Lee: The interest in environmental linked businesses started basically with my parents. My father was an environmental reporter. My mother was a wildlife documentary film producer. I grew up in Seattle, and so in the 80s and 90s, right, the plight of the spotted owl and the king salmon was sort of standard dining room fare. And so the interest in having an environmental impact in my careers I would say started there. In terms of starting a company, that wasn’t part of the plan. I started REsurety out of business school. But if you read my business school essays, I said my definition of success was getting a job in the renewables groups at GE or PG&E. So enormous companies that are sort of the opposite of starting a company. But it was an independent study in grad school that I had done that basically focused on this concept that has underpinned a lot of what REsurety has done to date, which is “How do you accurately predict and manage the value and risk, respectively, of intermittent generation?” So wind and solar have this huge economic advantage, put aside the environmental benefits, of the fact that the fuel is free. It’s hard to charge for the wind or the sunshine, and so this risk that traditional energy – natural gas, coal, etc – has to manage, which is that there’s a highly volatile cost of your fuel. Renewables don’t have that. So you have this significant advantage from a financial predictability perspective. But unlike natural gas and coal, where you can turn the switch on and consume more and burn more and produce more, with wind and solar you can’t. And so by hour, month, and year, the variability of your output is changing and absent, an enormous growth in storage is largely uncontrollable, unsolvable. And that has grid, physical grid impacts around making sure that there’s enough energy at all times. But it also has very significant financial impacts. So as an example, put yourself in the shoes of a datacenter operator, and you consume 50 megawatts every single hour. And so you buy power from a wind farm in order to serve that load. You get a heat wave where prices go through the roof and wind speeds die. This happens with most heat waves, 2019 being the most recent in Texas, and so you’re out in the market buying incredibly expensive $9,000 power – power in Texas is typically more like $20 or $30 – in order to keep your data center running, and you’re getting 0 megawatt hours out of the wind farm that you use to protect that. The grid served the power needs during that period physically, but financially, there’s a significant risk of that intermittency. And that is one example but it flows throughout the ecosystem, that the wind blowing and the sun shining and obviously the sun comes up and goes down at the same time pretty predictably, but cloud cover is not predictable and has fairly dramatic impacts on aggregate power output from solar depending on where you are in the world or in the country. And so that financial risk was something I found intellectually interesting and something that I felt like I had an opportunity to do something about. I wasn’t an engineer, I wasn’t going to invent the next solar panel. But this was an area where solving that problem for renewables felt like a necessary step towards the maturity and the growth of clean energy as a whole. And so dove in and rest is sort of history.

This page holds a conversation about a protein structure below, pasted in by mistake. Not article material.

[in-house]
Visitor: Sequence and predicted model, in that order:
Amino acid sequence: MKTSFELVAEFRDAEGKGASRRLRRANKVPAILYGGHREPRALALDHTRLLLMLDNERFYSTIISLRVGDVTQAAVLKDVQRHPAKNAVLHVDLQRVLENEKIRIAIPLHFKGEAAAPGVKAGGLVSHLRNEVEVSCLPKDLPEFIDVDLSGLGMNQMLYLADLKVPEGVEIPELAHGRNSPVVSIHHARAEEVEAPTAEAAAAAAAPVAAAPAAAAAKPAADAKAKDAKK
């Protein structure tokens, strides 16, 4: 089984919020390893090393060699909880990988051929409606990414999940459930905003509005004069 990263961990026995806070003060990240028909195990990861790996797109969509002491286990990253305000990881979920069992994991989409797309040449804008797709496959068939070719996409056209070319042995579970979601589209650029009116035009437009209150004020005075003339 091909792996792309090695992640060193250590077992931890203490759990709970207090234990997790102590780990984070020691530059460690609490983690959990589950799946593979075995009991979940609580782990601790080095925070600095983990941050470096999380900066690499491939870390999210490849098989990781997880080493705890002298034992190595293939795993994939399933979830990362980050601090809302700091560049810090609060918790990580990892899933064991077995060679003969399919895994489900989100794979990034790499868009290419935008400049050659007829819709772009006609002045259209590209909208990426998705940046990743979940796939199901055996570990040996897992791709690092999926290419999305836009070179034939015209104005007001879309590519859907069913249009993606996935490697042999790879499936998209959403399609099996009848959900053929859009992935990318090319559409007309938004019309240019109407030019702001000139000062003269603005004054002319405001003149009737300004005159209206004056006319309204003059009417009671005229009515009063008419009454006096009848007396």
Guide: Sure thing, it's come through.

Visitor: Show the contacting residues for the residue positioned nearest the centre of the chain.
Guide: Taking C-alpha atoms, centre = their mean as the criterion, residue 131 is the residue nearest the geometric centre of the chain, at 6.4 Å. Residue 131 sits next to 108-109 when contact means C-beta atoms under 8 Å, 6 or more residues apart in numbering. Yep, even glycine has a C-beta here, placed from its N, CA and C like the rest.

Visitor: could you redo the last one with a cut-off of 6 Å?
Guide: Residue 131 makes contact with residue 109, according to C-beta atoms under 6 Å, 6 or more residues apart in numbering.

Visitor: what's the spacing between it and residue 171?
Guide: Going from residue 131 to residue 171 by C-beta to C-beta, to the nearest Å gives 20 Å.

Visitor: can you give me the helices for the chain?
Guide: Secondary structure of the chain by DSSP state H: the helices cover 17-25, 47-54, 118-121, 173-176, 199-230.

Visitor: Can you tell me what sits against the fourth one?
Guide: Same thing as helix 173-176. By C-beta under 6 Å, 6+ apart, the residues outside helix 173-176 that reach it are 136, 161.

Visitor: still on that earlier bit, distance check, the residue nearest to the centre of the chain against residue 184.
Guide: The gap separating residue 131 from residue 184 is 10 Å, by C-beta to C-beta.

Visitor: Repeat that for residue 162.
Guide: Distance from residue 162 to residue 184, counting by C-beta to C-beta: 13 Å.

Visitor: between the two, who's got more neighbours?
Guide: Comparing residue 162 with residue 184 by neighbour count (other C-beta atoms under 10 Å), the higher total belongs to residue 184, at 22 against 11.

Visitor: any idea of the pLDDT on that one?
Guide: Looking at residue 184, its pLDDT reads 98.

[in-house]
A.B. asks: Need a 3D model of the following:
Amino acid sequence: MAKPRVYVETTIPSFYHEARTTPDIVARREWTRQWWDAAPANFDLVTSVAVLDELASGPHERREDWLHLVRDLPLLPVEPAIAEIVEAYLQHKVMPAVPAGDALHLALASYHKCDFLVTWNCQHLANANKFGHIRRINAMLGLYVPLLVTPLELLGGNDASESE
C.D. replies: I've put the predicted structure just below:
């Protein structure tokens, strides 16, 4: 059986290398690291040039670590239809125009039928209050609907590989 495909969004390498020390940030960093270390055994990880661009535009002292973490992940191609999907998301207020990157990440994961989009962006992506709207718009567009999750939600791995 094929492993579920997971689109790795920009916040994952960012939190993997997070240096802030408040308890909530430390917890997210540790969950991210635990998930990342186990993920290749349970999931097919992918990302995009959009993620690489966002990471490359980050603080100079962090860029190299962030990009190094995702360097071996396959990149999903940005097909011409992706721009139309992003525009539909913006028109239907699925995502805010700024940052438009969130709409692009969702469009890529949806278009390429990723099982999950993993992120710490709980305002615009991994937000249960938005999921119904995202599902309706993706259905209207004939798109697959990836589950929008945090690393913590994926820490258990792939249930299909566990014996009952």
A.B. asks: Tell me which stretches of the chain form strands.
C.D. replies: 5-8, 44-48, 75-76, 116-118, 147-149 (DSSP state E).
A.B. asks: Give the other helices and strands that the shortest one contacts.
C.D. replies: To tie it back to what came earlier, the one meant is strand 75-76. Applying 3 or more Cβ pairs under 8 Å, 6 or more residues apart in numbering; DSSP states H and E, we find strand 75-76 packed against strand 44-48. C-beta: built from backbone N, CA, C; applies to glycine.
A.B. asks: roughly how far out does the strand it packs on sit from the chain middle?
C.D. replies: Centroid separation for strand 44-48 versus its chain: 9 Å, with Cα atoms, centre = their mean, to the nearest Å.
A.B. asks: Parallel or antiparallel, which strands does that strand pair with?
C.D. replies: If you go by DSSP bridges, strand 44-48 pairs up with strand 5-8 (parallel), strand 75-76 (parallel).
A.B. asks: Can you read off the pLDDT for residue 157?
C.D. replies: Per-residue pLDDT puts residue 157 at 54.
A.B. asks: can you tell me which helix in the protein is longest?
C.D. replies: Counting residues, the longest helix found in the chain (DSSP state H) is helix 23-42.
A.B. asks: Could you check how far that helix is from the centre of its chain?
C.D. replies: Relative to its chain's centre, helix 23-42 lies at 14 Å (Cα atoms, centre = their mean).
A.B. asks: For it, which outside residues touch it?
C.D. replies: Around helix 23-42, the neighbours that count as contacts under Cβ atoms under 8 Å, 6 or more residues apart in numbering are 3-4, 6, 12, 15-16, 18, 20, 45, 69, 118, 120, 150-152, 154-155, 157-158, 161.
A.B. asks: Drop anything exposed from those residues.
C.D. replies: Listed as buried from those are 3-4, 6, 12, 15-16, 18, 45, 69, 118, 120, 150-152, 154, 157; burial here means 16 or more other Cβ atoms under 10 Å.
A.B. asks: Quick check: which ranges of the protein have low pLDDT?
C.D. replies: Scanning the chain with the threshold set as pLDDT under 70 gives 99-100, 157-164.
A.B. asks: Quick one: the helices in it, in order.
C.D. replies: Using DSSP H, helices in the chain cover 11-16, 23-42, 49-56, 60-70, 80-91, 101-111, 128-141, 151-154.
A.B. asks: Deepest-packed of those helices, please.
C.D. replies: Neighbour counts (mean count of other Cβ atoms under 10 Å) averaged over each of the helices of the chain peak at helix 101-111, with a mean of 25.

Brian: So tell us a bit about REsurety. How do you guys help inform or guide companies that are building clean energy infrastructure? What is your role? Talk to us a little bit about that.